Specifio’s fully-automated patent drafting service begins and ends with the attorney (or patent agent). Attorney-written patent claims (2–3 pages) are converted into a first-draft patent application with basic figures (20–30 pages). However, by clearly presenting these auto-generated patent applications as strictly first drafts (as opposed to ready-to-file), Specifio sets the appropriate expectation to encourage the level of attorney oversight that should exist with all legal document automation services.

For more information on Specifio’s automated patent drafting service, visit our website or email us at info@specif.io.

DISCLAIMER: The views and opinions expressed in this article are those of the author and (1) are not provided in the course of and do not create or constitute an attorney-client relationship, (2) are not intended as a solicitation, (3) are not intended to convey or constitute legal advice, and (4) are not a substitute for obtaining legal advice from a qualified attorney. You should not act upon any such information without first seeking qualified professional counsel on your specific matter. The hiring of an attorney is an important decision that should not be based solely upon Web site communications or advertisements.


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Avoiding Conflicts of Interest When Leveraging Third-Party Legal Document Automation Providers

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By Ian C. Schick, PhD, JD, CEO & Co-founder of Specifio (originally posted here on Oct. 1, 2018)

As outsourcing certain legal work to third-party service providers gains popularity within law firms, it is important for lawyers to fully understand the potential risks of conflicts of interest, as well as guidelines for avoiding these issues in the future.

There is always the potential for conflicts of interest and misuse of private information when legal work is outsourced to a third-party lawyer or law firm representing an opponent or competitor of the lawyer’s client. Likewise, there is also the risk of these issues when outsourcing work to non-attorney service providers, including automated services, which is the focus of this conversation. For example, a conflict may arise when two parties use the same document automation service and the system uses confidential information from one party to help complete the work product for the other party.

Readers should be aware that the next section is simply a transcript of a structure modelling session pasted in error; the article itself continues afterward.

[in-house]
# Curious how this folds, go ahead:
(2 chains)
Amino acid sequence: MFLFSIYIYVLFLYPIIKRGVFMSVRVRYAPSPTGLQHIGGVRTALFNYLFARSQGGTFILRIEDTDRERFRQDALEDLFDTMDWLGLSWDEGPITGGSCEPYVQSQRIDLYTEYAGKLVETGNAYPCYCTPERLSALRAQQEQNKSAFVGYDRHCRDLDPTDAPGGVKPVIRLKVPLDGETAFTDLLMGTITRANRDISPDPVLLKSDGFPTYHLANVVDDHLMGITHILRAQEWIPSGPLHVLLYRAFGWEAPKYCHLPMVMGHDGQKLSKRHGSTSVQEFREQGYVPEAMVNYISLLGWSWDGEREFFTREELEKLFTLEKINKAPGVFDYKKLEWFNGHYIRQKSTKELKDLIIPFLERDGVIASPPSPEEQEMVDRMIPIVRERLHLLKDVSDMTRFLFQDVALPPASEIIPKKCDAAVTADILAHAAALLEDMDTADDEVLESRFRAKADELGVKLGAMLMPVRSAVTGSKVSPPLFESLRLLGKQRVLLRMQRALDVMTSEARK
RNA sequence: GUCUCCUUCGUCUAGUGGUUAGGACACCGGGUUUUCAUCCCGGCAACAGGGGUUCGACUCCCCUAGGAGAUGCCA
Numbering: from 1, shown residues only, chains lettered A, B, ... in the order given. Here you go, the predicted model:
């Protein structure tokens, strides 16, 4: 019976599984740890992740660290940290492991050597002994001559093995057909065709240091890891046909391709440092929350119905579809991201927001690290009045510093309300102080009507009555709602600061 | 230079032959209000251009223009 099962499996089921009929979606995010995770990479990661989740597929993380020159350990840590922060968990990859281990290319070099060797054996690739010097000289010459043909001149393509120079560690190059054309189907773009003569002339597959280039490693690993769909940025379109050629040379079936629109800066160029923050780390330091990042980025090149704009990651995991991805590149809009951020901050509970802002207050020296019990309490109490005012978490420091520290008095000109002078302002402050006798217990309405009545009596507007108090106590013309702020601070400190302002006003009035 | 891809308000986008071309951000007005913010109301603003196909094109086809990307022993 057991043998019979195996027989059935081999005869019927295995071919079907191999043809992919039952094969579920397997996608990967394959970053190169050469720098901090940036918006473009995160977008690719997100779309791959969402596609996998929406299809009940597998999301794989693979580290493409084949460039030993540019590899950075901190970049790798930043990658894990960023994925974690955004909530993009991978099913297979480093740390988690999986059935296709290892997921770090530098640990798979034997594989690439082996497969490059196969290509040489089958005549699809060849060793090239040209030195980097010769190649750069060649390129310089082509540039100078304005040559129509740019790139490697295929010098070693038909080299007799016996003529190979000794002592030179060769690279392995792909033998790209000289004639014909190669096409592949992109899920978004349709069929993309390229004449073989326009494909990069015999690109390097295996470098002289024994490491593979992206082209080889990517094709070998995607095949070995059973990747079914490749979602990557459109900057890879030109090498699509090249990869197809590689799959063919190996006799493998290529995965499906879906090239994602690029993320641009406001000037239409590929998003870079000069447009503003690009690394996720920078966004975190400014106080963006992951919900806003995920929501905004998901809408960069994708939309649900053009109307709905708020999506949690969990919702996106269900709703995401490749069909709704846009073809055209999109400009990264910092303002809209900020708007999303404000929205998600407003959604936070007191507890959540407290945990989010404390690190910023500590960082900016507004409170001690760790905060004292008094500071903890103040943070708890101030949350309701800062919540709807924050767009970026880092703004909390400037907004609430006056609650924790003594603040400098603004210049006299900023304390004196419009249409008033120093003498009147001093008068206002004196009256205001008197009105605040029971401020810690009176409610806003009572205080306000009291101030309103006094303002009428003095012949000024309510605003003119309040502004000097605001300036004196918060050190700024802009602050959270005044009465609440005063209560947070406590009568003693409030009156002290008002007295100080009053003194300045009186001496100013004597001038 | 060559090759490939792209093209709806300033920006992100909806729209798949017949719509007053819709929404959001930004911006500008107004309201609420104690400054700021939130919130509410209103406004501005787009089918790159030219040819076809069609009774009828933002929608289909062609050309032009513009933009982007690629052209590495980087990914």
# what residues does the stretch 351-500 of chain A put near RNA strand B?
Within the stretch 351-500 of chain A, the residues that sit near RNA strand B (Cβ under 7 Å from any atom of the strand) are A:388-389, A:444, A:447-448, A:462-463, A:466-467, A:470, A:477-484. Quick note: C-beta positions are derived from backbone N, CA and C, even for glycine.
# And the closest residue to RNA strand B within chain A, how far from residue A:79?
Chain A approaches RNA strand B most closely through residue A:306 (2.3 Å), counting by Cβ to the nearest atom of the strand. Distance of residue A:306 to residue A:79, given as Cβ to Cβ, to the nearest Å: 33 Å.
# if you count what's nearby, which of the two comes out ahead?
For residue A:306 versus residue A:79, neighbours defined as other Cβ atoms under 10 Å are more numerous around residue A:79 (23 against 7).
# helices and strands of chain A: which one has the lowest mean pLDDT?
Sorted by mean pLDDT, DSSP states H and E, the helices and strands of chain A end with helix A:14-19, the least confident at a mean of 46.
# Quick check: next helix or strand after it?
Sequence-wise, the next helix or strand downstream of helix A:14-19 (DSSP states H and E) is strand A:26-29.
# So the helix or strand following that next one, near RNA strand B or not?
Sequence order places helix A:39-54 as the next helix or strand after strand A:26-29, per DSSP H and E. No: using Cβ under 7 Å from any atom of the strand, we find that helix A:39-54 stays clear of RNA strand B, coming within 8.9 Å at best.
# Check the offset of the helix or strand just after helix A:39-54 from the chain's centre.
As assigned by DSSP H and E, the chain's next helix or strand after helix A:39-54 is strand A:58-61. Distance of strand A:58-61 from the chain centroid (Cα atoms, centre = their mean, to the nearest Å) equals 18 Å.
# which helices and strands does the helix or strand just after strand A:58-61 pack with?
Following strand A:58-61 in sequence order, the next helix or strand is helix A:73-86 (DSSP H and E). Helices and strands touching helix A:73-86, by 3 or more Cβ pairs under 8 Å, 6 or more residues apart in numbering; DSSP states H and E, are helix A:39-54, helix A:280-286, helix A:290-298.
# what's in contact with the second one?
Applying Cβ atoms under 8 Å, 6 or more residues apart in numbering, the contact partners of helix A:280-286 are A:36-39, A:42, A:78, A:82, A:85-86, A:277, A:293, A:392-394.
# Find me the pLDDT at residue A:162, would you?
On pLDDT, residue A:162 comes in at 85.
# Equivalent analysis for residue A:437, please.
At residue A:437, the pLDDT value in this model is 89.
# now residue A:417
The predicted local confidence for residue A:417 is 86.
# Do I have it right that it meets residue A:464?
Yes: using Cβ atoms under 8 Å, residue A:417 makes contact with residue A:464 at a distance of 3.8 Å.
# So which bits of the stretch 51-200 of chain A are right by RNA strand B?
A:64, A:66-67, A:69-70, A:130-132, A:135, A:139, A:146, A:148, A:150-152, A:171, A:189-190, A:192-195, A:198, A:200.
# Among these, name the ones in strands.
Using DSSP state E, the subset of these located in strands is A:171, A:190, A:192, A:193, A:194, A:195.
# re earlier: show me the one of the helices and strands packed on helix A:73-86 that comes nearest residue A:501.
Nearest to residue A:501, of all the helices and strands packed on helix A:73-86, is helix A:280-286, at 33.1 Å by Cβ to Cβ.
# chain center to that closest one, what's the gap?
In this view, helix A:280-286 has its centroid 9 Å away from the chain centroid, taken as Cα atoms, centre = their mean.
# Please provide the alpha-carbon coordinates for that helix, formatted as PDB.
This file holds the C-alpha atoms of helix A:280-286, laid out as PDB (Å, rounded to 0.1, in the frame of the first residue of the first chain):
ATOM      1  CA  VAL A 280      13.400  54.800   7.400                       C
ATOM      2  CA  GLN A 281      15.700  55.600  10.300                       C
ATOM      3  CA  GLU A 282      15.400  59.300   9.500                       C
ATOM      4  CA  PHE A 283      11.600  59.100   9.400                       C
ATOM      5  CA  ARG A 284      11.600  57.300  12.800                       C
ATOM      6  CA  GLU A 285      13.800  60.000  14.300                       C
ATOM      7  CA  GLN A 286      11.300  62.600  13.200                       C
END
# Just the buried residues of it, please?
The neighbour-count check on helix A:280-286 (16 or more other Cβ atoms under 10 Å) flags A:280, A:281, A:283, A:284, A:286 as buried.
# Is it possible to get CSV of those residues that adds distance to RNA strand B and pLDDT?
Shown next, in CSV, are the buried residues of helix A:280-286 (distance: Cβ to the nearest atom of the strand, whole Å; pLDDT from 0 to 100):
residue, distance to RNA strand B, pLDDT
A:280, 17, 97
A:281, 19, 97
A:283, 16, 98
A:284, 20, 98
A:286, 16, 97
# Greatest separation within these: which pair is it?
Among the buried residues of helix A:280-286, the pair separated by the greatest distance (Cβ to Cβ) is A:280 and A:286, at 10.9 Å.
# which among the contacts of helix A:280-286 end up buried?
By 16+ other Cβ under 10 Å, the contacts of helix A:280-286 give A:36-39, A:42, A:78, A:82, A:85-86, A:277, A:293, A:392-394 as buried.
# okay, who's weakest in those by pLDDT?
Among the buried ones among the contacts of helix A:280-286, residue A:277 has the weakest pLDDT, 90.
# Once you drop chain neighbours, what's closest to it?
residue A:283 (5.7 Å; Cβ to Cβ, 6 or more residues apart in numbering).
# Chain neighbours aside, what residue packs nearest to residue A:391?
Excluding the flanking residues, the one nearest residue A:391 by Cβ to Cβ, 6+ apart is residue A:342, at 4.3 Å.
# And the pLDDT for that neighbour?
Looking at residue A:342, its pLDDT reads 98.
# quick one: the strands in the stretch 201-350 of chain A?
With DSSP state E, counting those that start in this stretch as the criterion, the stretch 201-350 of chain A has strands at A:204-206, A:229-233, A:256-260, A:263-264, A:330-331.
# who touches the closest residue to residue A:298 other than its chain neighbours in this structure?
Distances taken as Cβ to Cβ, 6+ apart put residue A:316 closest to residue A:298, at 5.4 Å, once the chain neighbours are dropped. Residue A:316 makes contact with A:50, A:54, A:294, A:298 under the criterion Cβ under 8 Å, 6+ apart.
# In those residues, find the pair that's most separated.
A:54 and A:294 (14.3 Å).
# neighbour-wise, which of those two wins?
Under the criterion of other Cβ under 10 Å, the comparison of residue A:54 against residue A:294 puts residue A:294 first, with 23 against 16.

Attorneys cannot outsource their ethical obligations.

Similar to how an attorney must ensure there is no conflict of interest that would prevent representation, lawyers are responsible for confirming third-party services do not perform work in a way that creates a conflict. It is important to minimize the risk of conflicts by making a reasonable effort to learn about the service provider’s assurances. [ABA Standing Committee on Ethics and Professional Responsibility, Formal Opinion 08–451.] For example, the outsourcing lawyer should investigate the service’s procedures for managing and obviating conflicts.

There are a couple questions an attorney should ask prior to outsourcing work to a legal document automation company. What are the handling and storage procedures for client information? And are there any employees of the service provider that may have access to this information? If such access exists, there is a potential for conflicts and, in such cases, background checks, non-disclosure agreements, and other precautions may be advisable.

Various bar associations have concluded in their official opinions that:

“The attorney must also recognize that he or she could be held responsible for any conflict of interest that may be created by the hiring of [a third-party] Company and which could arise from relationships that Company develops during the attorney’s relationship with Company.” [Florida Bar Opinion 07–2 (2008); also see Los Angeles County Bar Association, Opinion 518 (2006).]

As document automation technology grows more prevalent and sophisticated in the legal sector, it is becoming more important for automation providers to develop their own set of high ethical standards around preventing conflicts. For a company that handles sensitive information, like patent applications, these standards are even more acute.

Full automation is among Specifio’s answers to avoiding potential conflicts and other ethical issues. Specifio’s fully-automated patent drafting service has no human intervention, meaning no person at Specifio is ever exposed to confidential information, preventing conflicts of interest from occurring at the human level. In addition, due to the fact that we do not train our machine learning models on confidential information or store information long-term, there is zero chance of one party’s confidential information being used in another party’s patent application.

Legal ethics guidelines are still catching up to today’s dynamic legal sector, which is rapidly evolving due to advancing technology. However, it is crucial that both the outsourcing lawyer and third-party service providers observe ethical guidelines that help protect confidential client information and avoid conflicts of interest issues.

For more information on Specifio’s automated patent drafting service, visit our website or email us at info@specif.io.